London, 20 Sep - Mere months after the nuclear agreement between Iran and six world powers went into effect in 2016, the International Atomic Energy Agency (IAEA) and the world powers were handed information by a Western entity, relating to nuclear sites that the Iranian Regime was trying to keep secret but it is believed that most of these sites have never even been visited.
The IAEA has been consistently refused access to certain Iranian sites and the UN has rarely addressed this, despite the fact that Iran cannot be considered compliant if their sites haven’t been fully inspected.
These sites are supposed to be addressed by the IAEA and Iran, but Israeli officials who brought this issue to light said that when IAEA inspectors are allowed into some of these sites, enough time has passed for the Regime to effectively clear up after themselves.
When one site was identified and the IAEA asked for access, the Iranian Regime practically drowned them in bureaucracy in order to delay the inspection. For other sites, the Iranian Regime claims that they are military bases, which are not covered in the nuclear deal, and are off-limits.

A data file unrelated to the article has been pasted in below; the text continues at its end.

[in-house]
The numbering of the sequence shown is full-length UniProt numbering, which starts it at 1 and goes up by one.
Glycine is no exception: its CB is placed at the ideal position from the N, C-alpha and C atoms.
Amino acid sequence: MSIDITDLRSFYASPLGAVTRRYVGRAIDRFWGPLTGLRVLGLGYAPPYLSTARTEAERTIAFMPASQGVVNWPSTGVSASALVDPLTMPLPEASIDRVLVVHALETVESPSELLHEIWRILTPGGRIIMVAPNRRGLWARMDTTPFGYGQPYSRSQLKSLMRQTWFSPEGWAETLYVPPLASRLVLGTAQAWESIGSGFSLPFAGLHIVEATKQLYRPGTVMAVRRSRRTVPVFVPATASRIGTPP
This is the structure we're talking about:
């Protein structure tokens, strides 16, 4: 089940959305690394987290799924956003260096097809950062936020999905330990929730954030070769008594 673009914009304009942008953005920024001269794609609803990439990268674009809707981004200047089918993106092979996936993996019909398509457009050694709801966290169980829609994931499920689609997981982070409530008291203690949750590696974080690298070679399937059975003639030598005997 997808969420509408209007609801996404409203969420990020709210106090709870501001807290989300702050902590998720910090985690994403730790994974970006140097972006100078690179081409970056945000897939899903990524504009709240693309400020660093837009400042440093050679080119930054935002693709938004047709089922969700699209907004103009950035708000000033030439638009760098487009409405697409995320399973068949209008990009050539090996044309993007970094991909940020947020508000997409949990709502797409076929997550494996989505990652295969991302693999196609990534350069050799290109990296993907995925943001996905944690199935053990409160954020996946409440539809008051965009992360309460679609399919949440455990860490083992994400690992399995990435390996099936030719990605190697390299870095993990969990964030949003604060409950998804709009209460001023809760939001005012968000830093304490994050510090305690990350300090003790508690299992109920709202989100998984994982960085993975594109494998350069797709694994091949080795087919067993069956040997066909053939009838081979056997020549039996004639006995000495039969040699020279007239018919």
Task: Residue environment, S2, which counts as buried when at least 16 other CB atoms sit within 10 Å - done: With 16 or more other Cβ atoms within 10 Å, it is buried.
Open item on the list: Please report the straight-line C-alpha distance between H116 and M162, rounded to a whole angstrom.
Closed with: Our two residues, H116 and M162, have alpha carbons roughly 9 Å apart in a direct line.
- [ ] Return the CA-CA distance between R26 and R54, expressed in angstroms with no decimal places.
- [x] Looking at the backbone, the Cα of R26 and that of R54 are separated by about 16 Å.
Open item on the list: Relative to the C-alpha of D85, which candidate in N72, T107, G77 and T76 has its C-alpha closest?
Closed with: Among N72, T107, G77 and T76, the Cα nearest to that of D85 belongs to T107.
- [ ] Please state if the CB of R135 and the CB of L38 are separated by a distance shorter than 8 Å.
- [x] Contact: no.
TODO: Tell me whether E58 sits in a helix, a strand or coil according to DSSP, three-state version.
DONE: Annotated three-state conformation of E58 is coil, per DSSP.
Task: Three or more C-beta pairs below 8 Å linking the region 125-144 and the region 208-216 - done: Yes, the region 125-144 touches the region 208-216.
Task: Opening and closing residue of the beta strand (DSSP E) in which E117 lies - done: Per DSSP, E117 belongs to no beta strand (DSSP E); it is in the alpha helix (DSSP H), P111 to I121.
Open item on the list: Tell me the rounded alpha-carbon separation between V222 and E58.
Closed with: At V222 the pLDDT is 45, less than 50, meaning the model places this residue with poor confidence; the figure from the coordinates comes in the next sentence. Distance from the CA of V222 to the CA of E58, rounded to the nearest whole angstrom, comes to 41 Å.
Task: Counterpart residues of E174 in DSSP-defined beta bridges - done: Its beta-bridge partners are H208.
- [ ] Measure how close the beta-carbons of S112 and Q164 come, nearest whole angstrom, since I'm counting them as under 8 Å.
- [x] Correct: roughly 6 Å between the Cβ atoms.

One official said: “There is a whole list of suspicious sites where the Iranians do not allow inspectors to visit and no one enforces the supervision mechanisms established in the nuclear agreement. There is simply a demonstration of weakness in the IAEA when it comes to Iran. The sense is that Iran allows what it wants, and does not allow what it does not want.”
In one case the IAEA asked for permission to revisit a site after some senior officials gave them suspicious information, but they were denied permission by the Regime and dropped the issue altogether.
An Israeli official said: “When it comes to visits to suspicious sites, the agreement is not implemented. There are almost no visits and visitors are not allowed to visit. In this context, the agreement is not being realized in spirit and word.”
US Ambassador to the UN Nikki Haley said that she wanted to increase IAEA inspections of suspected sites in Iran, including military bases, following her visit to the agency’s headquarters in Vienna.
She said: “[The agreement] does not distinguish between military and non-military sites. There are numerous undeclared sites that have not been inspected. That is a problem.”
It is expected that Israeli Prime Minister Benjamin Netanyahu will bring this matter up with Donald Trump at the United Nations General Assembly this week, along with his fears about Iran’s growing control in Syria and how to amend or throw out the nuclear deal.